New UK enterprise aims to bust the stigma of drug & alcohol dependency and celebrate recovery.

Addiction to anything is a crippling place to be – bad drugs and alcohol being amongst the worst and hardest to kick without really positive support. Recovery Mode celebrates the hard work put in by those struggling with drug and alcohol dependency, with a mission to encourage and care for those who have made the commitment to change their lives.

With a series of inspiring and entertaining events, support groups and a planned ‘Digital Community Hub’, Recovery Mode aims to create a positively charged society. A society that thrives on creativity and collective spirit, with nobody left behind.We say you can have a massive f***ing laugh in life without dependency on bad drugs and alcohol. Whether you have simply decided to live a live less intoxicated, or suffer with chronic addiction, we want to help provide the much lacking ‘aftercare’ we need to stay healthy and happy for the rest of our lives.

Although in no way limited to the creative community, drug and alcohol dependency is rife in our industry. It has been for years, but in the last 12 months or so of lockdowns, job losses and general fear, dependency and addiction has shot through our collective domestic roof.

According to official statistics, in the last year alone, more than 8.4 million people in the UK have raised concerns, or been in need of help and advice from the healthcare system – and that’s just the ones that have come forward. 

The stigma and shame attached to such admissions is crippling society – suppressed anxieties over accepting and declaring a condition is, in itself a downward spiral, leading to further pain for individuals and their families. A recent report into the issue suggested a huge proportion of people just won’t come forward and seek the help they need.

And for those that do take on their demons, once through counselling and rehab, not much  exists to help and support the much needed aftercare required to avoid remission and the repeat cycle.

This has to stop. Recovery Mode is a newly founded social enterprise that aims to bust open the stigma and support and celebrate those in recovery; with information, inspiration and a place to feel good about themselves. ‘Recovery’ is not a place, it’s a lifelong destination, so support is always going to be needed and Recovery Mode intends to be there.


To launch the brand, the team has created an in-house social media campaign, initially to raise awareness of the issues surrounding drug and alcohol missuses, but also encouraging people to engage with the cause.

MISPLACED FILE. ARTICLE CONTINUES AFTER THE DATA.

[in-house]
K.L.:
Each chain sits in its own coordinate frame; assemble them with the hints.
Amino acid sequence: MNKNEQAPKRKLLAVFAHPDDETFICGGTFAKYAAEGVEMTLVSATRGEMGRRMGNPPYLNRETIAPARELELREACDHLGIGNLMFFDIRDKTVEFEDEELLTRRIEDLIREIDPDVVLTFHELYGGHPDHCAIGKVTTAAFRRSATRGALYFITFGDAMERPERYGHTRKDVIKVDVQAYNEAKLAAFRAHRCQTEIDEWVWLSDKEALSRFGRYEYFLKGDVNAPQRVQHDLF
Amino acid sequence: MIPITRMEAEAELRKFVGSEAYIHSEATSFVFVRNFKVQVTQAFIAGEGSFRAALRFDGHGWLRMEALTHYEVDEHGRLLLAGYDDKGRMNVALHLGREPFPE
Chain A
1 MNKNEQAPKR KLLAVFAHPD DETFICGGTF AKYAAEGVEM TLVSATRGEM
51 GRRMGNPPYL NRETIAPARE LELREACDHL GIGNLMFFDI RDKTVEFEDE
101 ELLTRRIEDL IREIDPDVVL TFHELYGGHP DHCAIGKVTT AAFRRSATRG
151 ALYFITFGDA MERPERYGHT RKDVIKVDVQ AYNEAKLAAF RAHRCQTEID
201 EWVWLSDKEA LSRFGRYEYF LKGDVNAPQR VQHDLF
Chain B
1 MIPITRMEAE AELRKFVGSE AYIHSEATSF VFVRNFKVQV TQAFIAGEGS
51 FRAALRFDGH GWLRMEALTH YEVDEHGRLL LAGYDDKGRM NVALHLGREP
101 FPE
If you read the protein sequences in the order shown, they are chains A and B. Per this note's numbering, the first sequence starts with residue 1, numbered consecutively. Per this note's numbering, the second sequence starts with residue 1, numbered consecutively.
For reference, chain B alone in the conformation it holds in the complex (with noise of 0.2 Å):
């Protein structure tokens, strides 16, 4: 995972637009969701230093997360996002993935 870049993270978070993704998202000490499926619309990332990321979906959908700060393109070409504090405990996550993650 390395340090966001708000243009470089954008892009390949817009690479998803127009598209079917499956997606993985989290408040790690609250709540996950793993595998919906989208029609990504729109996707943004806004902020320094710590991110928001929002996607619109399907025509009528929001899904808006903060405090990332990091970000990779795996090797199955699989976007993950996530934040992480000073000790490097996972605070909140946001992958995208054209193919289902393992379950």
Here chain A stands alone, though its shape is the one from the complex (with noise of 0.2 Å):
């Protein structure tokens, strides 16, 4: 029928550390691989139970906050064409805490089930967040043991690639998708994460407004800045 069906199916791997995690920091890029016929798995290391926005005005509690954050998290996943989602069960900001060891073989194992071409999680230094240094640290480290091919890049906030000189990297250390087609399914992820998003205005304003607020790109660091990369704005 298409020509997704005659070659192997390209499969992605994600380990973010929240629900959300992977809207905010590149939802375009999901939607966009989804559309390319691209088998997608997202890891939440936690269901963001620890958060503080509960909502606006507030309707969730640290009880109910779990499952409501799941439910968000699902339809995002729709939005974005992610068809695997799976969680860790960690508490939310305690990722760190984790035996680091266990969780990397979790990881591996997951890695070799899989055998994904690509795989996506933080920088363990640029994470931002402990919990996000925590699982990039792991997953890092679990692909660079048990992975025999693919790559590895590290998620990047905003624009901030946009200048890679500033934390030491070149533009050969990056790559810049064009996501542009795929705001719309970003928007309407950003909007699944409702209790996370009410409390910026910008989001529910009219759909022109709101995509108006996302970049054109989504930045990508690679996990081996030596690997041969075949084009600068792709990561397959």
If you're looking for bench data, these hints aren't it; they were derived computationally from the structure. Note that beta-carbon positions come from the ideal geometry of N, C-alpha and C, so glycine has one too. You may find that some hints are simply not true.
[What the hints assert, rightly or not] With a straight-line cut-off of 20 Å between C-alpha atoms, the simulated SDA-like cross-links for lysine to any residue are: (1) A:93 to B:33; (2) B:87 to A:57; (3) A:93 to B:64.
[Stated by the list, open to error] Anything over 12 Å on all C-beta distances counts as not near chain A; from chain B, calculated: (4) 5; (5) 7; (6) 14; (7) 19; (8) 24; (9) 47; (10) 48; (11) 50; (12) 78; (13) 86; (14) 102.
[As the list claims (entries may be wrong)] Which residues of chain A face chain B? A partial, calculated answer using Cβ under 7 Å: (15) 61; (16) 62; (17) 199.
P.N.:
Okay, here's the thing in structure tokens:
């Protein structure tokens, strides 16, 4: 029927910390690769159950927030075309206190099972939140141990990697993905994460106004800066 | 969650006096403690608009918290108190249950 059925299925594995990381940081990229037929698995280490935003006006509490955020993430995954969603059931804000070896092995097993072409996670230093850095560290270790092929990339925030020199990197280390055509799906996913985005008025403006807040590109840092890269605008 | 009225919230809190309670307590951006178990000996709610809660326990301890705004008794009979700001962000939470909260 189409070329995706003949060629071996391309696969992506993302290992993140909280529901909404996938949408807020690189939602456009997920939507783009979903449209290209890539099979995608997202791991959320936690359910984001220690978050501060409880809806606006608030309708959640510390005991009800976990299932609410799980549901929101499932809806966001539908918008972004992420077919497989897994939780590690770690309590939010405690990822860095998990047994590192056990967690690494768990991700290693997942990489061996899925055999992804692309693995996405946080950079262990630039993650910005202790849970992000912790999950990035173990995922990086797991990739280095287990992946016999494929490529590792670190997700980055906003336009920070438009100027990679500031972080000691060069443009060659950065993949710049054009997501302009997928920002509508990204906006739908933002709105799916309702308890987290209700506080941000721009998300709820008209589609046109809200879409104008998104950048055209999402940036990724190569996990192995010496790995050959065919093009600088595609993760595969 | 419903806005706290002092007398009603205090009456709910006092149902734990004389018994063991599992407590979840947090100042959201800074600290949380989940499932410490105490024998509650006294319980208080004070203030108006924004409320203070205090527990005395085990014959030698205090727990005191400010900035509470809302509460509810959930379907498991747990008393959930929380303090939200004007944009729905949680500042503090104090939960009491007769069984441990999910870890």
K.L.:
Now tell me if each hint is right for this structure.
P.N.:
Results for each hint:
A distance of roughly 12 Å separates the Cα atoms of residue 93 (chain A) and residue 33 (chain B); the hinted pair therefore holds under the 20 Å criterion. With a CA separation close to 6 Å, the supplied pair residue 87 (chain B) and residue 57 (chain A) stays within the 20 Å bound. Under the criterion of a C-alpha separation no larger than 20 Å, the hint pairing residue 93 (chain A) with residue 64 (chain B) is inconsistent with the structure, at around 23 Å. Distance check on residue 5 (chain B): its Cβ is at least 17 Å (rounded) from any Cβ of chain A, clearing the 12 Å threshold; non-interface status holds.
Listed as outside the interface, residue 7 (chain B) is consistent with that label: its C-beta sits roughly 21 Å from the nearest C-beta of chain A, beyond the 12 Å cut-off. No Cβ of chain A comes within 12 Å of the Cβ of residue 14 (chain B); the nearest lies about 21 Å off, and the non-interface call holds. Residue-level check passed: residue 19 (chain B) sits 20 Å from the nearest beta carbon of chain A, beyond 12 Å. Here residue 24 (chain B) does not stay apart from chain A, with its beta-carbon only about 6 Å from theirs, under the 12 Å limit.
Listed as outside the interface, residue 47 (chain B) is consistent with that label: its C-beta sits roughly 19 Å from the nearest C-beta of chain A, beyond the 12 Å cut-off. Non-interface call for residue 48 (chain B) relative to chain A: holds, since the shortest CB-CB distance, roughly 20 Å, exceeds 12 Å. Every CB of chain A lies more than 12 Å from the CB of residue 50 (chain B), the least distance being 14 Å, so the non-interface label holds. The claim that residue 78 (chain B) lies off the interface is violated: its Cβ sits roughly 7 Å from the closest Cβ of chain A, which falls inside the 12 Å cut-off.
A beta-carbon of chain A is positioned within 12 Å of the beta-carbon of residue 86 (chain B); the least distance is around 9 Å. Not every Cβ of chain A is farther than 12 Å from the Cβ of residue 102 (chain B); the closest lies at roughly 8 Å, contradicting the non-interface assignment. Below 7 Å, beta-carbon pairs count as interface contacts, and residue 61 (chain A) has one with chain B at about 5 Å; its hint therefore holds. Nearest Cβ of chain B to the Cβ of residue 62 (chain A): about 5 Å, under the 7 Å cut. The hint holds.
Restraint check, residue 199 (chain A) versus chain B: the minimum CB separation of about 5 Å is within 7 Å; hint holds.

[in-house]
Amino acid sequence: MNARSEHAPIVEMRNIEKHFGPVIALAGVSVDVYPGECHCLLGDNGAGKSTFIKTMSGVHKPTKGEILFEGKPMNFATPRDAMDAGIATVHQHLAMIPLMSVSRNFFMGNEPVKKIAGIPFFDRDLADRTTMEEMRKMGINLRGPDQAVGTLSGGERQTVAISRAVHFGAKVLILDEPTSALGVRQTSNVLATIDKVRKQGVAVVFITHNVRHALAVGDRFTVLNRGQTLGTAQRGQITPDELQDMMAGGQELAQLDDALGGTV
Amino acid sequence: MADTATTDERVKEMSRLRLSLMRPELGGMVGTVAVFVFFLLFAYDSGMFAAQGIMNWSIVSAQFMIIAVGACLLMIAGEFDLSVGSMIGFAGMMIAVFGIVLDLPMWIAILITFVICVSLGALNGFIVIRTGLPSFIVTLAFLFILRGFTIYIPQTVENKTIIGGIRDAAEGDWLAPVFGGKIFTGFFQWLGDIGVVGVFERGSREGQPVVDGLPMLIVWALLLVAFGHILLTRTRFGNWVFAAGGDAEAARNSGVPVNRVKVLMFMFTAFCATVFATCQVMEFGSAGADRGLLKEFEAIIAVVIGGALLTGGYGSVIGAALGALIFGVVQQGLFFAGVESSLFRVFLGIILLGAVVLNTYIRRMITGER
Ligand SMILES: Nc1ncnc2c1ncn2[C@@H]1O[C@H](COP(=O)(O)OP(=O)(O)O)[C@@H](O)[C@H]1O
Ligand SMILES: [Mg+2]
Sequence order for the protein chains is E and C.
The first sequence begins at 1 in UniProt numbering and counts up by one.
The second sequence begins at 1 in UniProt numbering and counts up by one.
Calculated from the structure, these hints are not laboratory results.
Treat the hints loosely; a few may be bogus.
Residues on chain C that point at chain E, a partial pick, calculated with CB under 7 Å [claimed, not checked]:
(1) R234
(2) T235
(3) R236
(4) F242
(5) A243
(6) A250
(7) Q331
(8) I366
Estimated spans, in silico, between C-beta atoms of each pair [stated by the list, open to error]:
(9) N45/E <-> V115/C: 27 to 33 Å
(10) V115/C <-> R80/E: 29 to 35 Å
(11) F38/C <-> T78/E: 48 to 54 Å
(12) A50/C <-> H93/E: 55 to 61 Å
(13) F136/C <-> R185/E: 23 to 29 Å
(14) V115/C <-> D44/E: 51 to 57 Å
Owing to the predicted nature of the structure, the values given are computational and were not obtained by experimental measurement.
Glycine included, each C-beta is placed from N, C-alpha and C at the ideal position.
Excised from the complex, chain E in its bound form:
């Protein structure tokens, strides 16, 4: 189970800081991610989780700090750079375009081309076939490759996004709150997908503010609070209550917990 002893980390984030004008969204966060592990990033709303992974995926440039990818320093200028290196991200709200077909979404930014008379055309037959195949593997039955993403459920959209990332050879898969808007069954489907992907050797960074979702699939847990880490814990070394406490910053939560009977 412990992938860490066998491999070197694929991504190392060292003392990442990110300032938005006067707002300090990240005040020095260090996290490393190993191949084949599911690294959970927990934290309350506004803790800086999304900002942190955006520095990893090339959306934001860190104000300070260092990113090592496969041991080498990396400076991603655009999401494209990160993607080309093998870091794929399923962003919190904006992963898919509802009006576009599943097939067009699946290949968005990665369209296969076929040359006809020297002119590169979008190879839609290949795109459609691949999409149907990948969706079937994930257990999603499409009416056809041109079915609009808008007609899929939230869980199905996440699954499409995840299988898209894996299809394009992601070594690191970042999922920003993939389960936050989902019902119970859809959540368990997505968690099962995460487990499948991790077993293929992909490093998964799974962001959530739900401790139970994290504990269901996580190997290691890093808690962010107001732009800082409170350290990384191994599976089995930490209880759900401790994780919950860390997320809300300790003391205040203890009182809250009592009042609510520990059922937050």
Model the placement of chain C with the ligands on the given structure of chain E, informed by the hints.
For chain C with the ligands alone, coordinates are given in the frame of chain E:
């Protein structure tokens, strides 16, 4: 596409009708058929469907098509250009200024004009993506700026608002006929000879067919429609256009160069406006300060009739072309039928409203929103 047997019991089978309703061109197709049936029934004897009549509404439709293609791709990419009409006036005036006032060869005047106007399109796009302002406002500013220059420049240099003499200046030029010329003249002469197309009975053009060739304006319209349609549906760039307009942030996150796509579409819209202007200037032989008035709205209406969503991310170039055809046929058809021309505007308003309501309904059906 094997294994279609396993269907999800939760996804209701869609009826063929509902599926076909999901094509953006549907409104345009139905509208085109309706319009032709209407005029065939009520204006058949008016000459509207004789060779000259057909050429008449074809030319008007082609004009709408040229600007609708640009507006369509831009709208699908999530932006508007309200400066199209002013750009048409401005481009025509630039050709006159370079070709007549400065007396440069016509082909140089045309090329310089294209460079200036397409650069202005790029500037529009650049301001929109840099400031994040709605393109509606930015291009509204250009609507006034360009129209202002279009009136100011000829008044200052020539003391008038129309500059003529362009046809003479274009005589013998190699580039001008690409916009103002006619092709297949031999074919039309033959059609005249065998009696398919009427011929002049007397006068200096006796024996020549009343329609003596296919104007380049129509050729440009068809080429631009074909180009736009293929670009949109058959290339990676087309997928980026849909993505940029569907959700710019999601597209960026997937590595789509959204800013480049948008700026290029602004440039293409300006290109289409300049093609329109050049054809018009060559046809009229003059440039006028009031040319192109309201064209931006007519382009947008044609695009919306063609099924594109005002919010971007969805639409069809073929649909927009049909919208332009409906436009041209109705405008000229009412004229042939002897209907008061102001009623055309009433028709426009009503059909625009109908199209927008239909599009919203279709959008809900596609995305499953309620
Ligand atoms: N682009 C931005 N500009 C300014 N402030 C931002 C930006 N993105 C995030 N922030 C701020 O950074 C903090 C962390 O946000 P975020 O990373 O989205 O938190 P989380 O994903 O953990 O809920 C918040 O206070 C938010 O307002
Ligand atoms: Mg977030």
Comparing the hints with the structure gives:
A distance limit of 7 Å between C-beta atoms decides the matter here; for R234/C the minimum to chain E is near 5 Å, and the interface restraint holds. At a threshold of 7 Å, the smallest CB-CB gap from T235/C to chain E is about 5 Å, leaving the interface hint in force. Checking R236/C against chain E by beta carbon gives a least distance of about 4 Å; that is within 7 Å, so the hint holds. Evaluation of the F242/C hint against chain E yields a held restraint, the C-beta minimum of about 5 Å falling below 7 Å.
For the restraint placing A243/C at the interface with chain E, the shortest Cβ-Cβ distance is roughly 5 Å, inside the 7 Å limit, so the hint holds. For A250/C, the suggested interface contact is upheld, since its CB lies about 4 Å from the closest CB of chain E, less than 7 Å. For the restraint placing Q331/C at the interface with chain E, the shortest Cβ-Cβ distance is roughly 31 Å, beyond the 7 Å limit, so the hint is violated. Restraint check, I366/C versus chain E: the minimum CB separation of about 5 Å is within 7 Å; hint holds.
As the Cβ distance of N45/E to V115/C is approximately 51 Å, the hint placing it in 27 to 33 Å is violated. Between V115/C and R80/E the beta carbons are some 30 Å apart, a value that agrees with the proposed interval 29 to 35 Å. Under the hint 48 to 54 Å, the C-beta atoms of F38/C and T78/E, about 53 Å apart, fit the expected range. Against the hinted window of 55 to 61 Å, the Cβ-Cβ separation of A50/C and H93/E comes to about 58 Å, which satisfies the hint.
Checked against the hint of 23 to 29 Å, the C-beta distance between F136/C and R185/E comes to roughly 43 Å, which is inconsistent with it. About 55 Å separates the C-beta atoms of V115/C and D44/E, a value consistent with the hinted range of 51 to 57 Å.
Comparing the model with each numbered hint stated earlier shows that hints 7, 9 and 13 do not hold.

The team is looking to hold live launch and promotion events across the UK – with a host of inspirational speakers and entertainers in the form of comedy, live music and DJ sets.

We are also supporting grass-roots local organisations set on helping people maintain positive recovery through creative outlets, such as performance and the arts.

Recovery Mode has applied for National Lottery Community funding to get the digital hub off the ground, but we are looking for wider support, in terms of donations, funding, sponsorship and volunteers to help our not-for-profit business really penetrate the UK’s hearts and minds.

If you are interested in helping, please contact Or go to the join our community page at where you can also find supporting merchandise.


Set up by two lifelong friends, Jack and DJ, along with other family and friends, the aim is to create a UK wide digital ‘hub’ for anyone interested in helping themselves and each other stay on the journey. 

Left. Jack Kearney. Right D Johnston. Photo credit Sarah Pritchard Creative.

Since the age of six, living four houses apart, Jack and I have toyed with the idea of having a project that we could work on together – as kids it was building camps for Action Man, as young men we wanted to start magazines and make art. But distance, distractions and occasional disagreements seemed to prevent this from manifesting.

Now as old boys, we’re finally making it happen. After much talk and planning, together with Jack’s son Alex and some other good friends, we are about to embark on a side-hustle purpose-venture that will hopefully help countless people enjoy a happier, more creative state of recovery from bad drugs and alcohol dependency.

Jack has 35 years of experience in the front-line of mental health and D&A counselling, DJ has equal number years of experience working in branding and communication – for many household brands and charities. They both know the effects of misuse and impact on others, so the pair decided to take action. 


We are going to be collaborating with a number of fashion designers and artists to create ranges of great gear. The talented young designer Caitlin Yates is our first collaborator.

Caitlin is a London-based menswear designer and founder of C8Y8S, an independent brand with a focus on print and textiles to portray personal narratives. Yates’ work is radical and political with sharp silhouettes counterbalancing the frantically sketched marks with salvaged cut and paste prints.

Yates studied BA Fashion Design at University of Westminster and has previous work experience at MCQ, Alexander McQueen, ASAI TA and Martine Rose.


The brand’s look is deliberately naïve, aiming to be somewhat ‘anti-design’, influenced by the early punk graphics, with a home-made feel to everything – including photography. 

“We want the brand to be 100% inclusive, not a designer brand – it’s a people’s brand. Early styling was simply black, white and red to get a visceral, impactful launch, now we are moving towards a colour palette, still with black, but also hot pink and bright yellow to be a little less hard-nosed”. Says DJ Johnston.

Source: Recovery Mode

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